Saturday, December 21, 2013

Review: All Gone: A Memoir of My Mother's Dementia With Refreshments by Alex Witchel

Dear Literary Loves,
I'm spending the last two weeks of 2013 reading several memoirs, one of which is entitled All Gone:  A Memoir of My Mother's Dementia With Refreshments by Alex Witchel.  Since I have never experienced having a parent with severe dementia or Alzheimer's disease I thought it might be interesting to see how a Generation Xer or Baby Boomer handles losing a parent to this type of illness.  First, the author's mom develops dementia as a result of a blocked artery that leads to a series of strokes affecting the memory portion of her brain.  This type of dementia does not progress as quickly as dementia due to Alzheimer's.  And you generally will not see the structural changes in the patient's brain as you would with a person suffering from Alzheimer's disease. 

Ms. Witchel's mom is one heavy feminist and I have to say I was impressed.  The woman taught school and put herself through college in order to obtain a doctorate.  She had four children and was proud to put meals on the table for her family each evening.  She really didn't care if other mothers who devoted their lives to their children looked upon her in a disdainful manner.  She led the life of her dreams and that is what I really admired about her.  Part of what Ms. Witchel associates with the concept of home is her mother's cooking which could get creative at times.  Hence, you will find numerous recipes throughout the book.  It's the realization that her mother is losing her grasp on executive function, or the steps involved in accomplishing a given task, that the family first realizes something is quite wrong with their mother. 

What causes a stroke?  Well, the biggest factor can be smoking and according to the specialist treating Ms. Witchel's mom, that is largely what gave rise to her mother's stroke-related dementia.  The first signs of this dementia occur when Ms. Witchel asks her mother for family recipes and when she goes to make some of those recipes, her mother has left out a portion or the recipe is completedly different from what Ms. Witchel remembers it to be.  There comes a time when the mom forgets how to cook period.  When the author's mom can no longer work as a professor or follow a lecture, she tells the family she has lost her confidence.  She has lost this because she's losing some of the best parts of herself.  This leads to visiting a host of doctors; most are good at dealing with the disease, but there is one specialist neither Alex or her mother would want to see again.  More alarms go off when her mother does not recall her grandson, that a daughter has cancer, and why she was taken to the emergency room upon having fallen at home.  Alex utilizes cooking as a means of remembering her mother as she once was as well as to escape from the bombardment of decisions she must make regarding her mother's care, surgeries, medication, etc.  Alex gets to a point where she is so wrapped up in her mother's care, she forgets to care for herself and at times, her husband.  This is familiar territory for me as this happened to me helping my father through a stem cell transplant.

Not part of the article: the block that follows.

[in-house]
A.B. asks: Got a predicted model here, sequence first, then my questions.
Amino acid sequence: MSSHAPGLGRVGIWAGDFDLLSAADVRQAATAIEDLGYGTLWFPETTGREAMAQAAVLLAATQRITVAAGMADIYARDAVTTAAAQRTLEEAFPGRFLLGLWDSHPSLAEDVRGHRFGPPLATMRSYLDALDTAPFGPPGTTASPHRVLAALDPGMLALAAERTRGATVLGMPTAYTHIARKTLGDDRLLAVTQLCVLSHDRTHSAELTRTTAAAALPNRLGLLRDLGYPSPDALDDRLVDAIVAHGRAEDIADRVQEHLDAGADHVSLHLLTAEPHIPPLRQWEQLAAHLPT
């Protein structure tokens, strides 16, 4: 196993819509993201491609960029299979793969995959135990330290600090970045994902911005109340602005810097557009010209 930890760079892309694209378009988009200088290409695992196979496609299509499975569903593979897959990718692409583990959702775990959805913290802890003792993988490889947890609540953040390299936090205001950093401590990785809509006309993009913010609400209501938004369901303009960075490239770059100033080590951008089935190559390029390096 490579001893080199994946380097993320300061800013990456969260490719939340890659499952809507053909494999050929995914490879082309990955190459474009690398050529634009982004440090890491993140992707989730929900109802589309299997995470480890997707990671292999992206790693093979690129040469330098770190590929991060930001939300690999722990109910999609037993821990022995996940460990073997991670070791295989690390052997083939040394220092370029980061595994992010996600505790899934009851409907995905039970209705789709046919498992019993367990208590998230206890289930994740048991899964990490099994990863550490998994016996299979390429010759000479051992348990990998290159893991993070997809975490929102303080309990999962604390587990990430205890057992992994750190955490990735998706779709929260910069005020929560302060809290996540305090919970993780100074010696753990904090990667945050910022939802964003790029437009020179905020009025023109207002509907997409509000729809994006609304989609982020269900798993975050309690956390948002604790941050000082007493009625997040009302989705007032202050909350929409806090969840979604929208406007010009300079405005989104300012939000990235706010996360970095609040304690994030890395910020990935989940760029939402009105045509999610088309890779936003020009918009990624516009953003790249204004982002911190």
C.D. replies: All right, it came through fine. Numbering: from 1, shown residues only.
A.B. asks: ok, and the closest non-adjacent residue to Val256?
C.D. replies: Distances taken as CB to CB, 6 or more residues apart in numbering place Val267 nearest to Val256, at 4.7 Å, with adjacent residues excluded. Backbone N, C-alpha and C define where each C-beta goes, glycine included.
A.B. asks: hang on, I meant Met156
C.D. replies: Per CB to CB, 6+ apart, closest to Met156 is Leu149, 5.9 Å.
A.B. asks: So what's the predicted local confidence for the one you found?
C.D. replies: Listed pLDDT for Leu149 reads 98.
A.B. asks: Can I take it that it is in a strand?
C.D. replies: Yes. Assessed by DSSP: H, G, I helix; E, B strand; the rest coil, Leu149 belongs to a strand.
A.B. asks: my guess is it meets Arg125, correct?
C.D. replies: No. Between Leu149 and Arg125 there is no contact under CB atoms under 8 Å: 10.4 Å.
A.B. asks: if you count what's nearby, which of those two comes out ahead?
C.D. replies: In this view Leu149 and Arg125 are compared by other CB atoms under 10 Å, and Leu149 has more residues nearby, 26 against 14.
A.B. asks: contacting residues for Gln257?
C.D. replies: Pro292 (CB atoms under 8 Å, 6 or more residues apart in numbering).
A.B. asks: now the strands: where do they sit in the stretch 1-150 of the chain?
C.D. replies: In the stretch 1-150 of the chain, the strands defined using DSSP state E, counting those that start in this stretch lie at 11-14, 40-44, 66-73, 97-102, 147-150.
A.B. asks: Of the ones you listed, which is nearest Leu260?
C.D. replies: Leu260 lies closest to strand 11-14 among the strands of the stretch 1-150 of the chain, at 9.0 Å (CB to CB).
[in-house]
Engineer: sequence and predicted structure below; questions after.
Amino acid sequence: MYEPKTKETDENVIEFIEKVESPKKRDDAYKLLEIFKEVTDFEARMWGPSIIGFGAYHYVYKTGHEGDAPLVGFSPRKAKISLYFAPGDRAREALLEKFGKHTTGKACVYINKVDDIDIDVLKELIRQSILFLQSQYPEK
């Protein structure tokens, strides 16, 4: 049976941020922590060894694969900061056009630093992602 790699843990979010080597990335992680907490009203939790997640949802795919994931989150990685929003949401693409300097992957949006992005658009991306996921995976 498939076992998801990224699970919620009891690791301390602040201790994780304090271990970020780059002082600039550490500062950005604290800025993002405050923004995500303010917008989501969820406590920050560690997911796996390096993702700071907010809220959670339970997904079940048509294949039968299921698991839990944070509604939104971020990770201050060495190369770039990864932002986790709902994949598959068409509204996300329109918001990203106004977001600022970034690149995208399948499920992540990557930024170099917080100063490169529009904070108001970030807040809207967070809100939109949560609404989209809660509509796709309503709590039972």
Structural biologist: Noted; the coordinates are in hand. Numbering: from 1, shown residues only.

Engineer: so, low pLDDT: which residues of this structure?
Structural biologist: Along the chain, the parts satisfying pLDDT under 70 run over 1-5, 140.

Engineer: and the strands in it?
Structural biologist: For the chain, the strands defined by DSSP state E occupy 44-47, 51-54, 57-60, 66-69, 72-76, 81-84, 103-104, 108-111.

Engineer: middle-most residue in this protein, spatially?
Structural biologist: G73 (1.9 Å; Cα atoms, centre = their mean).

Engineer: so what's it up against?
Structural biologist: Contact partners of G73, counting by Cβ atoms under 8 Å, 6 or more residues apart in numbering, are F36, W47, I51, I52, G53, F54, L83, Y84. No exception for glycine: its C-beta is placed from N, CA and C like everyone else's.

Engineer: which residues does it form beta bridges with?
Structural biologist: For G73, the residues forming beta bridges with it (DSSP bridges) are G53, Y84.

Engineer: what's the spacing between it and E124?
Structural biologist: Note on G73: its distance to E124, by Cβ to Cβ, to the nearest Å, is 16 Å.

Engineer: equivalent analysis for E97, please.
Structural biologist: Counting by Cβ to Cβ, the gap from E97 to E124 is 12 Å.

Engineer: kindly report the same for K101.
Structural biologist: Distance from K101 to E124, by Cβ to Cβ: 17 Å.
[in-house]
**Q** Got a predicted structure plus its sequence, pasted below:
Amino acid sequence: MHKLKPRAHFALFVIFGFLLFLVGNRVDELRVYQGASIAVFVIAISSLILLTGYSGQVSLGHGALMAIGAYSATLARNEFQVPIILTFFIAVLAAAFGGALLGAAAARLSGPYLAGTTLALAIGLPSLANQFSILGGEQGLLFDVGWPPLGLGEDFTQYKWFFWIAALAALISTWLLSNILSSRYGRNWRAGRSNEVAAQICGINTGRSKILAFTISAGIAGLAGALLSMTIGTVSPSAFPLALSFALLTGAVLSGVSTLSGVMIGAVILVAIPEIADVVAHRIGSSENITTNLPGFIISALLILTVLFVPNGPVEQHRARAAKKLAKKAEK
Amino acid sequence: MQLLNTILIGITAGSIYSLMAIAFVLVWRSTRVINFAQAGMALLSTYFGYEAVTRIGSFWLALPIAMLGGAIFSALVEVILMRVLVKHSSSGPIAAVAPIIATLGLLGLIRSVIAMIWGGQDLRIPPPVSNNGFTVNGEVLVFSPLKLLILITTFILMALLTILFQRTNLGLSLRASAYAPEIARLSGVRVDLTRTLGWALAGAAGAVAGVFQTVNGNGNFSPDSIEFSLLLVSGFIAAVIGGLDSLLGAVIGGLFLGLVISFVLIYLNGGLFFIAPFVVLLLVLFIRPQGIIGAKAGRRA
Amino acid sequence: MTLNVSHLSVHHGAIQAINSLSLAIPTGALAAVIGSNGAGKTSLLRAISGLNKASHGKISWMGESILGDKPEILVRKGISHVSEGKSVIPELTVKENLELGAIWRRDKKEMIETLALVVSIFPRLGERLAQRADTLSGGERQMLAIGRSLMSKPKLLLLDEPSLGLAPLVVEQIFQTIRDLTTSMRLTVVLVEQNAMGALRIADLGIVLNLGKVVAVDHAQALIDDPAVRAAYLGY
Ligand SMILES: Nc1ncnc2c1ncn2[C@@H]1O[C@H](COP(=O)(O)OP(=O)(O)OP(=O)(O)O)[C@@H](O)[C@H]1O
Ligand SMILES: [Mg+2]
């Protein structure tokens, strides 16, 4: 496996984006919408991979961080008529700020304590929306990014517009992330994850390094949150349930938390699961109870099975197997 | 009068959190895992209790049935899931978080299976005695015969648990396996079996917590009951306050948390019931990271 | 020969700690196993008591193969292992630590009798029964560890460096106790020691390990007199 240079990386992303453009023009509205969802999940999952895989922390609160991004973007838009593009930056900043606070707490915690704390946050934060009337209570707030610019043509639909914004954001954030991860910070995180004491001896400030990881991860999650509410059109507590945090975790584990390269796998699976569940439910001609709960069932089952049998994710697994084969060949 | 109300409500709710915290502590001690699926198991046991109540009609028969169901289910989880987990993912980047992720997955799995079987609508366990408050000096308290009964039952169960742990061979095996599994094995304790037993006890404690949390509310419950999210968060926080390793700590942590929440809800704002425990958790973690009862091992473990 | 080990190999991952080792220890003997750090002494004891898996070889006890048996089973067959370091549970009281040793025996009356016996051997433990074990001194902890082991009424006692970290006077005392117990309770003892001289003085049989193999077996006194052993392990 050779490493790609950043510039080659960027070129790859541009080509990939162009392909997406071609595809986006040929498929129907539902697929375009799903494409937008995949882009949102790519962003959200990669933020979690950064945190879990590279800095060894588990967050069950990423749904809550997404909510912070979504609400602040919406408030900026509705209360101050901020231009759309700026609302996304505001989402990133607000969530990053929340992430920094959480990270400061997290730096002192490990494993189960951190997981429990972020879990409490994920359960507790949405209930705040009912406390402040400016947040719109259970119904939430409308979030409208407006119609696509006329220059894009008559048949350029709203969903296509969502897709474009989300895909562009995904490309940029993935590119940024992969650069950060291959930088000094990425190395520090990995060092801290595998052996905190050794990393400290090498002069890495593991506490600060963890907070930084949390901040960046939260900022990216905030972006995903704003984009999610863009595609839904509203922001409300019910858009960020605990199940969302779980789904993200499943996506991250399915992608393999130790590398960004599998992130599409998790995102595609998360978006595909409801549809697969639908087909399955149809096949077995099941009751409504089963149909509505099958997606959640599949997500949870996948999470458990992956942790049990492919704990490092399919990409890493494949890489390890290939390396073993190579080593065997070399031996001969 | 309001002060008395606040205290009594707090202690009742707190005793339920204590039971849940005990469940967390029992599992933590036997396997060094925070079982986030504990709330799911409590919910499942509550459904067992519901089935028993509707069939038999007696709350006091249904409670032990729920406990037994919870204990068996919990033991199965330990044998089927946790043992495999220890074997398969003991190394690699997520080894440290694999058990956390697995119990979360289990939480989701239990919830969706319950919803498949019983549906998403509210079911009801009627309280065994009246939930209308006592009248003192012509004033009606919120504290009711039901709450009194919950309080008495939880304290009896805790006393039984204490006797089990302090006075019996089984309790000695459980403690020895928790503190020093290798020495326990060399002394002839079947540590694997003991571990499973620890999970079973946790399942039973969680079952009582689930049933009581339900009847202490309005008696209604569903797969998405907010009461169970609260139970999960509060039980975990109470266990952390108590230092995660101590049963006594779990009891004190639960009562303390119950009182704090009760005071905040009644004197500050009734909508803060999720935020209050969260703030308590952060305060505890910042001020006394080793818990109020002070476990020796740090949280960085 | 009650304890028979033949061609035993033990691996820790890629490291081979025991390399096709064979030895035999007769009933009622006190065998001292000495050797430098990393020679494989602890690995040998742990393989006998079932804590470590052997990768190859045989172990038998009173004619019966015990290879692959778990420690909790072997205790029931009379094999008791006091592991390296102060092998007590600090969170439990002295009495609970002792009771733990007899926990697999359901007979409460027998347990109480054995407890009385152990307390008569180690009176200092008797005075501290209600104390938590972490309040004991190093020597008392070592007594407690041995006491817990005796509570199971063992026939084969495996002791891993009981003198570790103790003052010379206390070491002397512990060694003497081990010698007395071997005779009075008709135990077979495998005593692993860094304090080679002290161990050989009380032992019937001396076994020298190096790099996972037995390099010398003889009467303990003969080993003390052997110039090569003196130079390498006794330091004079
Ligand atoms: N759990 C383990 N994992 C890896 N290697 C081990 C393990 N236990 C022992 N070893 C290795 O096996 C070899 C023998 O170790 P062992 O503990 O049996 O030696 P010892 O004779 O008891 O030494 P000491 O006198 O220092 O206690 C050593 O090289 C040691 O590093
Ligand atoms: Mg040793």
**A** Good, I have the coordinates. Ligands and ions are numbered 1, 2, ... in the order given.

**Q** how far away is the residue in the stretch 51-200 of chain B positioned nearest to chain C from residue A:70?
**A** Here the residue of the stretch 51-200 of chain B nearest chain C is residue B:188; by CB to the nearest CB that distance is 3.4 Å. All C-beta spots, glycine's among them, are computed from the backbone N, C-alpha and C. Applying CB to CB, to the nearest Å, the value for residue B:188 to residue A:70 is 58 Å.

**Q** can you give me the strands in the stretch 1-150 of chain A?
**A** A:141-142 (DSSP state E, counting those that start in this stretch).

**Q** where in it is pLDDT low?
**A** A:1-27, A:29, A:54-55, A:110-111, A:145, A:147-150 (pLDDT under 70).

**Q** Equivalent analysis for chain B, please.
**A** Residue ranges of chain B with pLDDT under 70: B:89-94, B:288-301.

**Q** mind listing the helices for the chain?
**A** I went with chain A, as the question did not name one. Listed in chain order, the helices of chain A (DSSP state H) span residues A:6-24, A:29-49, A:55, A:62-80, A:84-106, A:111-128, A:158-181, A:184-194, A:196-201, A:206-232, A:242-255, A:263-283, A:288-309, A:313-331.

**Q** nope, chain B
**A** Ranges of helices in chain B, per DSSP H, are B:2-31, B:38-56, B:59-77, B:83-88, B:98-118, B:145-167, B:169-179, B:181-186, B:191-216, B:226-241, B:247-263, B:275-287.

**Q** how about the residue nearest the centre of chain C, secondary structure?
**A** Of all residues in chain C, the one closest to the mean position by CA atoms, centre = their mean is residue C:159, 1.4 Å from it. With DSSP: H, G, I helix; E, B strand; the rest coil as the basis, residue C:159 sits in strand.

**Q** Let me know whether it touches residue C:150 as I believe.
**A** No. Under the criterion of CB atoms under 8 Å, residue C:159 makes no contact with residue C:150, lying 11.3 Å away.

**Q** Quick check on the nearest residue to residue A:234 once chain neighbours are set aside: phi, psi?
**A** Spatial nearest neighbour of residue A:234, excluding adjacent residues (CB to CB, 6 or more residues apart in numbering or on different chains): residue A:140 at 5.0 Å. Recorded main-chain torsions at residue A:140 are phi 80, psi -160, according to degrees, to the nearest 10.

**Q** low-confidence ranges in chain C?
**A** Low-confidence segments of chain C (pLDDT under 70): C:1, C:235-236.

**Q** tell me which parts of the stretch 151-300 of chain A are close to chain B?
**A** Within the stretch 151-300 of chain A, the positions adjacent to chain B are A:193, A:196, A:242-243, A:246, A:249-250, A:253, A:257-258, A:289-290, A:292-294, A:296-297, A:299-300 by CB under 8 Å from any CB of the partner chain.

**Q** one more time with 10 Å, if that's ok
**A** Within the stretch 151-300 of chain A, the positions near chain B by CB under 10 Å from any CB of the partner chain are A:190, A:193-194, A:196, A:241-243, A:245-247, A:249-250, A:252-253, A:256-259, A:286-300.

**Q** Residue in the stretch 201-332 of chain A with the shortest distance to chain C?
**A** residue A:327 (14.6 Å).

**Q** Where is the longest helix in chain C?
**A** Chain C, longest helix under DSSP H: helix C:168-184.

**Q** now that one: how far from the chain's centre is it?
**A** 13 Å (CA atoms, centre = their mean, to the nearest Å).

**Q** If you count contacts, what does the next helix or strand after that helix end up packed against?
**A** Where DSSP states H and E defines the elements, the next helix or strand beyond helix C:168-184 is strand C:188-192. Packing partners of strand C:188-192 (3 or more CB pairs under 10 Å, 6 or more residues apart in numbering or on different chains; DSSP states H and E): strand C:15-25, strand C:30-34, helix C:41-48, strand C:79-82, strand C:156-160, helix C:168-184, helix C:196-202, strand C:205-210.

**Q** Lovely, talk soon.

I think what saves Ms. Witchel is the realization that part of who someone is to you is your perception of them.  So in the end, Ms. Witchel knows that her mother is physically there with the family, but oftentimes not mentally or emotionally like the mother the family once new.  And that's okay because there are times when Ms. Witchel does see a twinkling light of recognition that her mother, as she once was, is still inside the woman sitting at lunch with her.  In the end what we see is how one woman is balancing career, marriage, and caretaking today in a similar, but different manner than her mother did for her own family members previously.   You definitely see the commonalities between mother and daughter throughout the book in what they value and how they lead their lives.  And to me, that's the best gift any mother could leave with a daughter particularly when they both are admirable, noble, and strong-willed women of different generations.